Japan ramps up hospital capacity for 37,000 patients

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Japan ramps up hospital capacity for 37,000 patients

TOKYO Kyodo Japan's health minister said Tuesday that the country has boosted its medical capacity so that it can admit 37,000 patients at hospitals, up 30 percent from this summer, in preparation for a possible resurgence of the coronaviruses.

Health Minister Shigeyuki Goto told a press conference that the government has met its goal for more hospital beds, officially decided in November, after many people were forced to recuperate at home during this summer's fifth wave of infections.

The government will review its policy when it comes to concerns over the Omicron variant, he said. Goto said that we will be flexible in coming up with a way of providing medical care.

Japan hosted the Tokyo Olympics and Olympics this summer and saw a surge in infections. There were cases where people died at home without being hospitalized because of the strain on the medical system.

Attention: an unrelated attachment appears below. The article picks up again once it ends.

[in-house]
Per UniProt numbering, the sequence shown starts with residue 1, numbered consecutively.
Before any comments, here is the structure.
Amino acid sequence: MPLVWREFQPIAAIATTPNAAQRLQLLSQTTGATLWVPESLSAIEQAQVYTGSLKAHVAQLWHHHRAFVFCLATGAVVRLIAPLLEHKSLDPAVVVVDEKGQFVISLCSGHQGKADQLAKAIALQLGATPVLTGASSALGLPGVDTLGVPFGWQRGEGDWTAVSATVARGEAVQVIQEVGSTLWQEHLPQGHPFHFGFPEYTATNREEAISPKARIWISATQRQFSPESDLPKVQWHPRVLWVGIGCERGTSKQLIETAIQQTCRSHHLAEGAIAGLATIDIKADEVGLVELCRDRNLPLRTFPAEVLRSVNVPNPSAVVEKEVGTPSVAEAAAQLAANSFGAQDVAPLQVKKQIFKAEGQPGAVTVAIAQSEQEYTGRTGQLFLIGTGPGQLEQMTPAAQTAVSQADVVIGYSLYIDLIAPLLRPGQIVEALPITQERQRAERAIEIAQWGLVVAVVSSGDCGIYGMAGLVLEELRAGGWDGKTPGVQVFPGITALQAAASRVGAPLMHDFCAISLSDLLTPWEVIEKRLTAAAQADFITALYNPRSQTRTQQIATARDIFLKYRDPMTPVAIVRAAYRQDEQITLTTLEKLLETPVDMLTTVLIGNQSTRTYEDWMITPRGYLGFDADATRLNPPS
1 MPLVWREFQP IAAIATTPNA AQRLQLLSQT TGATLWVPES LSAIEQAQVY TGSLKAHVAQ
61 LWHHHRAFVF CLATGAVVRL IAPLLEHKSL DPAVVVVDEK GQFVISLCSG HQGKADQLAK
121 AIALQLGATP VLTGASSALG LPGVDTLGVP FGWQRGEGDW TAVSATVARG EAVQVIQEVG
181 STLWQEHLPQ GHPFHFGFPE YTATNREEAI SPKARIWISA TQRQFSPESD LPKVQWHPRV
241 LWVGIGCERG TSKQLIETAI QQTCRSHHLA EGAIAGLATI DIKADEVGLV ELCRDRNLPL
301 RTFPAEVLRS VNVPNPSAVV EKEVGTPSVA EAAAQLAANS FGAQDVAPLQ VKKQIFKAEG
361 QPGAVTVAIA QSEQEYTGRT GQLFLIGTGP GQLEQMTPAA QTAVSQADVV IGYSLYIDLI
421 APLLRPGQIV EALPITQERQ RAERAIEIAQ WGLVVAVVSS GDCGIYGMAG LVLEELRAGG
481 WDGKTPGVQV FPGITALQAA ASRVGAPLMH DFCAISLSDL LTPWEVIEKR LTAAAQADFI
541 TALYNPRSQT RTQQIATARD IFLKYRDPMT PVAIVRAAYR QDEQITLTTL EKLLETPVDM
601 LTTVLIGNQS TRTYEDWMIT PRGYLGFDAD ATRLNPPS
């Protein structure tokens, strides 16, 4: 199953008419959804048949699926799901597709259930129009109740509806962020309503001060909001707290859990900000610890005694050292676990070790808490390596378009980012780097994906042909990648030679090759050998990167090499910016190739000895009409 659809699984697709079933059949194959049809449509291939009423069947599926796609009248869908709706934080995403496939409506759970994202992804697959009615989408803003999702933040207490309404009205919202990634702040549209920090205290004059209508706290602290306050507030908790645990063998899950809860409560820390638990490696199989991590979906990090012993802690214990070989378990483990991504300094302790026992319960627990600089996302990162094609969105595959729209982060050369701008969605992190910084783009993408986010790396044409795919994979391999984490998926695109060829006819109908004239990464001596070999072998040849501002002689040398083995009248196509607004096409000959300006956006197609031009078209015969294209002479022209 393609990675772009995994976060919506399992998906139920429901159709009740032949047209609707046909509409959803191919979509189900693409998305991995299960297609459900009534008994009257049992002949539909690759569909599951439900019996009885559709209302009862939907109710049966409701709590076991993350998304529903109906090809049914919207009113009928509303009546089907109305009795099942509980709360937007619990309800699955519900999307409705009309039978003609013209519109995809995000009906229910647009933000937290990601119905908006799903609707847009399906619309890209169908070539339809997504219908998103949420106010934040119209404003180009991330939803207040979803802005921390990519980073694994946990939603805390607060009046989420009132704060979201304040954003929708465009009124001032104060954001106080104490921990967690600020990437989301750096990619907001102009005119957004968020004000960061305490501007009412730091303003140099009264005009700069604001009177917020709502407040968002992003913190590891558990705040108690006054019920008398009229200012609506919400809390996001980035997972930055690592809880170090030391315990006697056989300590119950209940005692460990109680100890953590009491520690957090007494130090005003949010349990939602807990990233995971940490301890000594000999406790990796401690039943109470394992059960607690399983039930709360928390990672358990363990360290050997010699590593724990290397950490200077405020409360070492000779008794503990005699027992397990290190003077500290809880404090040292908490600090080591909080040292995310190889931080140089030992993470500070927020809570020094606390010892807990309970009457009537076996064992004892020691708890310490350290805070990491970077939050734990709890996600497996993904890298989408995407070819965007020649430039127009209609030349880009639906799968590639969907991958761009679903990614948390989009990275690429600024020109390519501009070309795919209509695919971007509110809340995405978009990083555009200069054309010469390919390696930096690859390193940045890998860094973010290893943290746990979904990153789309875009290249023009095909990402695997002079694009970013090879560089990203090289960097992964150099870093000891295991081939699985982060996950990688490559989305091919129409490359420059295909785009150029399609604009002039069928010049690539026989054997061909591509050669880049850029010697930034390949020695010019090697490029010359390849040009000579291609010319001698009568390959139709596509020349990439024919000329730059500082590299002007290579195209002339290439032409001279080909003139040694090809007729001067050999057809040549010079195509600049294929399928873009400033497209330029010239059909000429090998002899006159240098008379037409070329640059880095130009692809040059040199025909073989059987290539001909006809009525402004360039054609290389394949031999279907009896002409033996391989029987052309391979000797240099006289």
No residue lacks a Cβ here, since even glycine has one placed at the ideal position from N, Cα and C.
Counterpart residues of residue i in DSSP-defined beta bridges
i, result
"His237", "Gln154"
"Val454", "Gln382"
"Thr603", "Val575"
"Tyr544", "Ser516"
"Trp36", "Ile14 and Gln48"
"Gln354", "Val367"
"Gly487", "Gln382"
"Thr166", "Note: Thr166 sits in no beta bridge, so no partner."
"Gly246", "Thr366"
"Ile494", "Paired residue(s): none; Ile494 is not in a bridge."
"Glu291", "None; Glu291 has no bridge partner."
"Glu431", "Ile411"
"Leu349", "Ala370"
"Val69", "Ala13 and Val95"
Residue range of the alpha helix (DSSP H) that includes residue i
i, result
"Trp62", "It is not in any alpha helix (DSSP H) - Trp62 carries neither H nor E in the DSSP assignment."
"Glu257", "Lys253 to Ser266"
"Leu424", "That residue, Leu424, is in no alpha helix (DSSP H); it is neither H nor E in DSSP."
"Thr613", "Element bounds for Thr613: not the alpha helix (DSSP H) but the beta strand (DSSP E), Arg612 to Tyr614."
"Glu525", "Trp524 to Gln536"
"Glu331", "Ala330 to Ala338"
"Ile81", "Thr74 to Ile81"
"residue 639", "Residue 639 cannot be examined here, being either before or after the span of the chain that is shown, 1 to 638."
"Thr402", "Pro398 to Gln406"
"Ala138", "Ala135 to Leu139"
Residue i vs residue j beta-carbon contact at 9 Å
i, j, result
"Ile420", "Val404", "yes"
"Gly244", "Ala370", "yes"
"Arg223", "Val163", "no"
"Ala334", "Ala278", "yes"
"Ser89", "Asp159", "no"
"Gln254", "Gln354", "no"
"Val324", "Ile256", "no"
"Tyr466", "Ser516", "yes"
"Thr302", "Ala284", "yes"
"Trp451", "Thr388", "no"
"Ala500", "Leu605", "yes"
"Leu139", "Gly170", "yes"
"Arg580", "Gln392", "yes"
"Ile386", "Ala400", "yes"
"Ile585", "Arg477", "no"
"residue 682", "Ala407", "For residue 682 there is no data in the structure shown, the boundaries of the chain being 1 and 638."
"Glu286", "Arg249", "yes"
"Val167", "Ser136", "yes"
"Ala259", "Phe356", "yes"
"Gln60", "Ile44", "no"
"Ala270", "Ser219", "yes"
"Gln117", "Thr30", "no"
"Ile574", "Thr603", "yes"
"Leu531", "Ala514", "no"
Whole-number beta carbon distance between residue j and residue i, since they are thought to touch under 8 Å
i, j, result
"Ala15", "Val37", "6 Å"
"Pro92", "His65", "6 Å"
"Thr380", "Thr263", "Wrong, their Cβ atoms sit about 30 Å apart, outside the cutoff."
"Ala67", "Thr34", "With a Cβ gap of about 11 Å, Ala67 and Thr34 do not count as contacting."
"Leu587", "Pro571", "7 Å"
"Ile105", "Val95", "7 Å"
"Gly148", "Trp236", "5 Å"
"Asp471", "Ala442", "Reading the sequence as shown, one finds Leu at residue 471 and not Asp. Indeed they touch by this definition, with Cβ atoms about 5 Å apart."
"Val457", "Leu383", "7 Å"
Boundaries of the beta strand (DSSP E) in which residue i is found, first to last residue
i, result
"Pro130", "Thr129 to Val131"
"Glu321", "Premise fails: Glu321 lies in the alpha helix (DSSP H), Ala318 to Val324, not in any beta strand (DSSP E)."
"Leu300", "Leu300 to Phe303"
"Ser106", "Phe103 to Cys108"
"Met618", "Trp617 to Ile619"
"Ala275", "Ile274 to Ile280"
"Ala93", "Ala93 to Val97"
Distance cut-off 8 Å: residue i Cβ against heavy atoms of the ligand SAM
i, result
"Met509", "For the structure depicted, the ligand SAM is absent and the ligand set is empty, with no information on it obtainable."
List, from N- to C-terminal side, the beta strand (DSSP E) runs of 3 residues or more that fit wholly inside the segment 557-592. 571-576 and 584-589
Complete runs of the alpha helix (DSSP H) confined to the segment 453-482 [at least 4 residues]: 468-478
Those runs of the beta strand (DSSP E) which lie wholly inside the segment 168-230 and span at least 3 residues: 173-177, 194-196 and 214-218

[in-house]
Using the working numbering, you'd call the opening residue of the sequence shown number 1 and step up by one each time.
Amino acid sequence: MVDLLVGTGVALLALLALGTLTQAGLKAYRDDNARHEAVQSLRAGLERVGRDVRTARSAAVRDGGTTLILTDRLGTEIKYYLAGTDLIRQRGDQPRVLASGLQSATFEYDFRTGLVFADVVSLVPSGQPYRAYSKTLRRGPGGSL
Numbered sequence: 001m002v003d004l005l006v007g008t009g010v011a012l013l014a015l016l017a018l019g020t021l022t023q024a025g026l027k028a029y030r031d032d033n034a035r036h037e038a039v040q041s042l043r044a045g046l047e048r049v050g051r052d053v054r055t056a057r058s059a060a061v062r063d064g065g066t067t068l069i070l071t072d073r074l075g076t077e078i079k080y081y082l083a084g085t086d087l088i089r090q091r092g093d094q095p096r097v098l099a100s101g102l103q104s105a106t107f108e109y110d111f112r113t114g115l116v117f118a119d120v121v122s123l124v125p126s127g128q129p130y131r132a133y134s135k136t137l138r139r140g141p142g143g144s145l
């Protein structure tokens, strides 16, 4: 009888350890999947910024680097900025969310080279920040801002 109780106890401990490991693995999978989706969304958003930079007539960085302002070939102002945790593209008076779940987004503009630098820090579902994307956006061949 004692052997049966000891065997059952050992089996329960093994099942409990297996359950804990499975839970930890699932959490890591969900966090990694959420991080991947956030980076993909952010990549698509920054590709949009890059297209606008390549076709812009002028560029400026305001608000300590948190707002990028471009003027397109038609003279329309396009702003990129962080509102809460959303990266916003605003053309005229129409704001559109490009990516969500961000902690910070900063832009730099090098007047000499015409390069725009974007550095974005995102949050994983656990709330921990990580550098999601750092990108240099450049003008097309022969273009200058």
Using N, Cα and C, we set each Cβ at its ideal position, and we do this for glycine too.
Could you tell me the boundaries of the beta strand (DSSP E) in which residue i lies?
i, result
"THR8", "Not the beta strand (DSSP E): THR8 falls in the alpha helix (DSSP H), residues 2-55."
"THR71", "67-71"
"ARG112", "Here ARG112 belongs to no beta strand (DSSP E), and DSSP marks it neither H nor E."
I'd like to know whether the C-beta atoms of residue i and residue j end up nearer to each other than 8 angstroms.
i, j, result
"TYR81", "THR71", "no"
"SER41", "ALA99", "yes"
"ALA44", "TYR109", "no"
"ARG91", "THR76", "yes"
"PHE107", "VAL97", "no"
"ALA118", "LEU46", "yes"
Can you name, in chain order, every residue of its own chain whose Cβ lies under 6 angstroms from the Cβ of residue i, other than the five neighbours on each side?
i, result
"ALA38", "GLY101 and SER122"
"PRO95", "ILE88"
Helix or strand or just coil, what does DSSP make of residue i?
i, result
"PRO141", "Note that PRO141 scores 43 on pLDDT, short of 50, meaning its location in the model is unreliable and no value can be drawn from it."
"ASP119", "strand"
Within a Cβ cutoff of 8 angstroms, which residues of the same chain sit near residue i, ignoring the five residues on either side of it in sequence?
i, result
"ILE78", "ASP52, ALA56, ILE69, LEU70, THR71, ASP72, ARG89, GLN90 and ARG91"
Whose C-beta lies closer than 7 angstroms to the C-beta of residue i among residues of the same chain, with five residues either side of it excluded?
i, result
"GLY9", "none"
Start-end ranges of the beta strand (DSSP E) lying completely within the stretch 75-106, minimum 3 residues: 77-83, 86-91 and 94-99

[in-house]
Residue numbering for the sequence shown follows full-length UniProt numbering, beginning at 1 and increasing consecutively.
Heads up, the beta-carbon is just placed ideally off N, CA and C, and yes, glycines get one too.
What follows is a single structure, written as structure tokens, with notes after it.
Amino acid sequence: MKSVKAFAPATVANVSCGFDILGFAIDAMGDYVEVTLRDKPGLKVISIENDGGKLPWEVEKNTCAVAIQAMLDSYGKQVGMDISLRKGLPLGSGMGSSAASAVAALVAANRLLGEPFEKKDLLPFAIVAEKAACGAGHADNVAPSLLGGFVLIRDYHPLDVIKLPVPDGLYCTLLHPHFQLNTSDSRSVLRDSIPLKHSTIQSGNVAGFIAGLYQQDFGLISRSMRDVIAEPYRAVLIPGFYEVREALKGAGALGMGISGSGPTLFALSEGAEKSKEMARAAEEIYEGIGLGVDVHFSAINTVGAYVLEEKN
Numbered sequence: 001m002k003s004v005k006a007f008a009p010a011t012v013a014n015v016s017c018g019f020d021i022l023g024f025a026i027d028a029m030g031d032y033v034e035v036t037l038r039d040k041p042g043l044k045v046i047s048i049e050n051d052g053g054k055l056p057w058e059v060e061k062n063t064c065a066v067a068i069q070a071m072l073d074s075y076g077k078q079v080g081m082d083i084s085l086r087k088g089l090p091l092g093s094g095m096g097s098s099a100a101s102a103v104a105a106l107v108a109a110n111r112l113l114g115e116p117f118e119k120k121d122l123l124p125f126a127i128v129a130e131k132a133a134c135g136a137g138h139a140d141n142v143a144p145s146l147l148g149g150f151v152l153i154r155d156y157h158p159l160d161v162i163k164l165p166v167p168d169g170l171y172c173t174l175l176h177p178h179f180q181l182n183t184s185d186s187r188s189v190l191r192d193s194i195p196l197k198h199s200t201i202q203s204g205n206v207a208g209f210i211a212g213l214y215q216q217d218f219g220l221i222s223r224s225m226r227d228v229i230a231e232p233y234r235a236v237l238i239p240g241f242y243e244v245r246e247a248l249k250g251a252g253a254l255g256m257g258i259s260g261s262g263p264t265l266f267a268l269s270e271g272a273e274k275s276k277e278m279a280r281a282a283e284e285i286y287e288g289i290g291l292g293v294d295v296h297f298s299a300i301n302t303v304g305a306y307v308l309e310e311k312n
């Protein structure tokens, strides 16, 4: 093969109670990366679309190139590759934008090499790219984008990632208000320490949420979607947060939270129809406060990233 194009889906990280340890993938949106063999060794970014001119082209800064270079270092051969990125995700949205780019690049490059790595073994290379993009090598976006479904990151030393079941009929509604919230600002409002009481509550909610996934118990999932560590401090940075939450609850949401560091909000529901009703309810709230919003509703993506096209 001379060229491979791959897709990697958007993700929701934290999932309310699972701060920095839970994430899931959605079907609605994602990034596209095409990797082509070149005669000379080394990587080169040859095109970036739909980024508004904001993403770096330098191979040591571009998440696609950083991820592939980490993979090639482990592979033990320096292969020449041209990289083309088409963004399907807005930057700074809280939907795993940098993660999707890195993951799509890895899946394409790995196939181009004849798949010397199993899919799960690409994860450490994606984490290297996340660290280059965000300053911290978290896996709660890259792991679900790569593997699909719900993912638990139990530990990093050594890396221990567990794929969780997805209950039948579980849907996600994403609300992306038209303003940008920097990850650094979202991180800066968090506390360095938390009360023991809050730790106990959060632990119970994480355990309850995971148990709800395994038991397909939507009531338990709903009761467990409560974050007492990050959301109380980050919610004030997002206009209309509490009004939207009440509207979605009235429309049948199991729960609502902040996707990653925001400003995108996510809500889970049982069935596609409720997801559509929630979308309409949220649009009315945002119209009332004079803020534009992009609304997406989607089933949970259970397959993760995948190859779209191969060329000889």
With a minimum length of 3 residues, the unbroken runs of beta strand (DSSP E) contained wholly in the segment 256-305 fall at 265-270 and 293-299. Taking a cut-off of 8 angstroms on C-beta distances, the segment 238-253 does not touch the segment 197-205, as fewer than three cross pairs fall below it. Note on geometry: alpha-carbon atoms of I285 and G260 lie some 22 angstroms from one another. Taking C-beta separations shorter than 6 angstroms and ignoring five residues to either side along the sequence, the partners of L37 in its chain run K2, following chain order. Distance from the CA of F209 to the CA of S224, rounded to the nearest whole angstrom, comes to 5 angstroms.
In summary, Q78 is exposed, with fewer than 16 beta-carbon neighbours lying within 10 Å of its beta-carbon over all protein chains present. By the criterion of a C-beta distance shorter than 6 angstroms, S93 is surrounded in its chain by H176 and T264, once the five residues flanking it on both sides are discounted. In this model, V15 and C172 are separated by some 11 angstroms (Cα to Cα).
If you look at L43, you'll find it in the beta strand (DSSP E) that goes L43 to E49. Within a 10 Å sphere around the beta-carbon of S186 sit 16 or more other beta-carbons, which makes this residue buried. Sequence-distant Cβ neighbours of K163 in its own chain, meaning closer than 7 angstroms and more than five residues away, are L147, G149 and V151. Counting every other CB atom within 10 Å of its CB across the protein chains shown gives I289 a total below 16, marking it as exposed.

The country has seen a decline in cases but concerns remain over a possible sixth wave of infections, especially after the highly contagious Omicron variant was detected in Japan.

Three cases of the highly mutated strain have been confirmed by Japan, despite the fact that daily infections have remained at under 200 for about three weeks.

In his policy speech on Monday, Prime Minister Fumio Kishida pledged to prepare for the worst in dealing with the Omicron variant, and said that the government will maintain its stance of being cautious and prudent in the fight against the virus.

Almost 77 percent of the population has been fully vaccinated against the virus. Kishida said his government will shorten its previous timeline for the interval between receiving a second vaccine shot and being eligible for a booster.

Japan administered COVID- 19 booster shots to individuals who received their second shot at least eight months ago.

Health care professionals across the country are first in line for third doses of the vaccine developed by Pfizer Inc. and BioNTech SE, with the elderly expected to follow in the near future to prevent the spread of infections and severe symptoms.

The government is working with local governments to shorten the interval before the booster to at least six months based on capacity, with the government approving Moderna Inc. s COVID 19 vaccine for use as a booster and Pfizer vaccine, which has already been approved for booster use, according to Deputy Chief Cabinet Secretary Seiji Kihara.

Kihara said that if approved, the Moderna COVID-19 vaccine, like the Pfizer vaccine, could also be used as a booster for those who didn't receive it for their first two shots.